respectively).</p></li>

  <li><p>Next, compile the C file into a LLVM bitcode file:</p>

      <div class="doc_code">
      <pre>% llvm-gcc -O3 -emit-llvm hello.c -c -o hello.bc</pre></div>

      <p>The -emit-llvm option can be used with the -S or -c options to emit an
         LLVM ".ll" or ".bc" file (respectively) for the code.  This allows you
         to use the <a href="CommandGuide/index.html">standard LLVM tools</a> on
         the bitcode file.</p>

      <p>Unlike llvm-gcc3, llvm-gcc4 correctly responds to -O[0123] arguments.
         </p></li>

  <li><p>Run the program in both forms. To run the program, use:</p>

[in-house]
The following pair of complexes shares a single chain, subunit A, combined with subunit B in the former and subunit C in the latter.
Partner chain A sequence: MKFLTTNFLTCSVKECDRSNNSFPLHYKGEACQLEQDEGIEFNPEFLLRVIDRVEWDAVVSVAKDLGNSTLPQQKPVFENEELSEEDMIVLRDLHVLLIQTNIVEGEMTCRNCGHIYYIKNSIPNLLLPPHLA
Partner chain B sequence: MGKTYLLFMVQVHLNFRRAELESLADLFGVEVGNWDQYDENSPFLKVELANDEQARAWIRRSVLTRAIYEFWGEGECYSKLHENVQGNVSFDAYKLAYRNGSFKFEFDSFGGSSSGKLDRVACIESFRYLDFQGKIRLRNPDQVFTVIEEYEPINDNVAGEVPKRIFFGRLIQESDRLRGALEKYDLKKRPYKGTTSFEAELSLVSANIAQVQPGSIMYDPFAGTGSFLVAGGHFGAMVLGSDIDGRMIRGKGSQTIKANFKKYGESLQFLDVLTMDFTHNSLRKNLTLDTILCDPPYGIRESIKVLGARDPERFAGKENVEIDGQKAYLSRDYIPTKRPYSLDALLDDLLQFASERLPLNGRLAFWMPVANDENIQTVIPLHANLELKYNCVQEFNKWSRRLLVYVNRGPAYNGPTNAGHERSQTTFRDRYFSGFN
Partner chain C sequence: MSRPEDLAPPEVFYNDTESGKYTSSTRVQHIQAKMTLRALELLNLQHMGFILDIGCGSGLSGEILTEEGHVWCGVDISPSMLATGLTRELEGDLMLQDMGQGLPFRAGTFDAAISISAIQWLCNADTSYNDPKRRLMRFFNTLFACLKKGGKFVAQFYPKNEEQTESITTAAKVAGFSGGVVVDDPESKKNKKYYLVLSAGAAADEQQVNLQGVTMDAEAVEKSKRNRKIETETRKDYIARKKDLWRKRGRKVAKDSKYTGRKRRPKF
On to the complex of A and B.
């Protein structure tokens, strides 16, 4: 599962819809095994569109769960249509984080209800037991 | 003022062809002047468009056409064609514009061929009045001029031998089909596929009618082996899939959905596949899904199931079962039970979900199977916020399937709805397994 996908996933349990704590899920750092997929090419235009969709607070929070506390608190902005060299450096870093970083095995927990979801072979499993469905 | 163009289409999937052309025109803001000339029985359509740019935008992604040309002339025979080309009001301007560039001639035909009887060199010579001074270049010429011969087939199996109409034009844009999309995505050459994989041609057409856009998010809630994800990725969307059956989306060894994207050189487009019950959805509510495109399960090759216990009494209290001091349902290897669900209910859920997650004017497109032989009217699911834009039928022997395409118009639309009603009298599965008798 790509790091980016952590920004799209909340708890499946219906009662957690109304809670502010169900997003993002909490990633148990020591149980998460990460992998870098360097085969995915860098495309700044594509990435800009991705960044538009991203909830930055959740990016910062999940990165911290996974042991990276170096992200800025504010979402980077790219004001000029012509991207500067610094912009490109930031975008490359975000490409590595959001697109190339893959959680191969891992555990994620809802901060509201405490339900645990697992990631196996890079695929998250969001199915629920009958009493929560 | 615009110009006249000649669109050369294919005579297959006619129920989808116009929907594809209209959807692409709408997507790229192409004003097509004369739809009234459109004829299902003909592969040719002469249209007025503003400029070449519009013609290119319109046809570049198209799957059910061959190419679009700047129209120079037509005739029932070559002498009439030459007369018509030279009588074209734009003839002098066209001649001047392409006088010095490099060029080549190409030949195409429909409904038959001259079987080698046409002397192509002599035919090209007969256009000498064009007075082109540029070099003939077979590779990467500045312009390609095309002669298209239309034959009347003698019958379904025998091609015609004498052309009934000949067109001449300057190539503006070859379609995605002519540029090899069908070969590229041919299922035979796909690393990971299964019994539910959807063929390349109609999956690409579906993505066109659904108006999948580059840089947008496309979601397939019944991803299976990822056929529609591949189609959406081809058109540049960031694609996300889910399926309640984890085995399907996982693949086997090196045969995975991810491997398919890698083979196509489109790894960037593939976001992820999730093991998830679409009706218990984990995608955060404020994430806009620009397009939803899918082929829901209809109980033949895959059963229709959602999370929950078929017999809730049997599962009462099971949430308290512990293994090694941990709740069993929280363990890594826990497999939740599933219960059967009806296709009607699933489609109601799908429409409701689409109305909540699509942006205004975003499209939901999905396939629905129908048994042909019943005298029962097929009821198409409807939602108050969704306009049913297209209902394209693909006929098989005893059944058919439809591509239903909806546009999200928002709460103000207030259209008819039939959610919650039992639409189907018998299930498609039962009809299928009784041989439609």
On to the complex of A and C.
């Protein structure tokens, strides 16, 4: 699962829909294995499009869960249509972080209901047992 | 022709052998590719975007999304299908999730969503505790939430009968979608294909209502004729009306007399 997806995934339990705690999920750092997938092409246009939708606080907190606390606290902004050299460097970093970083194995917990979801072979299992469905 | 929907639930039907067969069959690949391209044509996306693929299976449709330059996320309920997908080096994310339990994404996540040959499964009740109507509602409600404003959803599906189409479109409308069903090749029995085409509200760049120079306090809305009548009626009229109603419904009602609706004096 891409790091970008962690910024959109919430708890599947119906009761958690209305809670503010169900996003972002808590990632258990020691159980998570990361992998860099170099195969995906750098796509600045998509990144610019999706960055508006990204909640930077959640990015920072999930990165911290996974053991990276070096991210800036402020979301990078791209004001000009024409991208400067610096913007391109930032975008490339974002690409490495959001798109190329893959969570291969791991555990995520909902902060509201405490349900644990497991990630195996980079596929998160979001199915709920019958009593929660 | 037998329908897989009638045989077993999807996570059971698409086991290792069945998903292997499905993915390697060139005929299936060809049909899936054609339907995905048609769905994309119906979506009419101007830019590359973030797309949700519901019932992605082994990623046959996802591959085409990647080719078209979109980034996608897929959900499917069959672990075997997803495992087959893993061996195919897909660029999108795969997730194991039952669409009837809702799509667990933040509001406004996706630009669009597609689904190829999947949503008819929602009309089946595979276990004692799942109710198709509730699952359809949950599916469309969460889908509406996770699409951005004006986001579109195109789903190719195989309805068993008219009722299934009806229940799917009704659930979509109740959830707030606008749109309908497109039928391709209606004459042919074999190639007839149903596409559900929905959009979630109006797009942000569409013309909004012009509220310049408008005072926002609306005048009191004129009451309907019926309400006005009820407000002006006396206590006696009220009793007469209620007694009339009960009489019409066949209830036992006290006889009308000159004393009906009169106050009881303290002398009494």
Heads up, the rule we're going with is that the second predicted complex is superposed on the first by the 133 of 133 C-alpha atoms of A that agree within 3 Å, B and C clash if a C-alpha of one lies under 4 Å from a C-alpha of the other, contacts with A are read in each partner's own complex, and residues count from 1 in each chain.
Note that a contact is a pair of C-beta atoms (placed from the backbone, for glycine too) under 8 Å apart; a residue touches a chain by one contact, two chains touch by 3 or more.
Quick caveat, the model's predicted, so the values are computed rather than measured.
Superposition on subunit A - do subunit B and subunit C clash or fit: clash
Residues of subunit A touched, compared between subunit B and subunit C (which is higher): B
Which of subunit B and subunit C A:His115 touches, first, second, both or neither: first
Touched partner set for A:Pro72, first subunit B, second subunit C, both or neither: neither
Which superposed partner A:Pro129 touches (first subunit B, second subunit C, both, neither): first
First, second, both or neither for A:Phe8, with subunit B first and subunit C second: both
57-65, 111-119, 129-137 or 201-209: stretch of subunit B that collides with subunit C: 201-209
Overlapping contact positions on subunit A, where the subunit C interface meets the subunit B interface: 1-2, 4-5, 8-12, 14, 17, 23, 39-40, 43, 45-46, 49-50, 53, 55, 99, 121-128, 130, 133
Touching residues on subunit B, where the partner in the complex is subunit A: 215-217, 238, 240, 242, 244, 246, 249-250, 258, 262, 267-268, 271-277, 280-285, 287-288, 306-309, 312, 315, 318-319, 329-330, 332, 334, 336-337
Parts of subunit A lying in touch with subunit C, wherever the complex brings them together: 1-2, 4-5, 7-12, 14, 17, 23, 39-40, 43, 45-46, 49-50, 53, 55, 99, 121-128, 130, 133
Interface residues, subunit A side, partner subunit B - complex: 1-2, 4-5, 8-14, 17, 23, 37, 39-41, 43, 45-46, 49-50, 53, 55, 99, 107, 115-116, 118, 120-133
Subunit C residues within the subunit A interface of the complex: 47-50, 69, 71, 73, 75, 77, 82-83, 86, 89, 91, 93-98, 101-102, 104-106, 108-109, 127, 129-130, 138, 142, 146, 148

<div class="doc_code"><pre>% ./hello</pre></div>
 
      <p>and</p>

      <div class="doc_code"><pre>% lli hello.bc</pre></div>

      <p>The second examples shows how to invoke the LLVM JIT, <a
       href="CommandGuide/html/lli.html">lli</a>.</p></li>

  <li><p>Use the <tt>llvm-dis</tt> utility to take a look at the LLVM assembly
      code:</p>

<div class="doc_code">
<pre>llvm-dis &lt; hello.bc | less</pre>
</div></li>

  <li><p>Compile the program to native assembly using the LLC code
      generator:</p>

      <div class="doc_code"><pre>% llc hello.bc -o hello.s</pre></div></li>

  <li><p>Assemble the native assembly language file into a program:</p>

<div class="doc_code">
<pre>
<b>Solaris:</b> % /opt/SUNWspro/bin/cc -xarch=v9 hello.s -o hello.native

<b>Others:</b>  % gcc hello.s -o hello.native
</pre>
</div></li>

  <li><p>Execute the native code program:</p>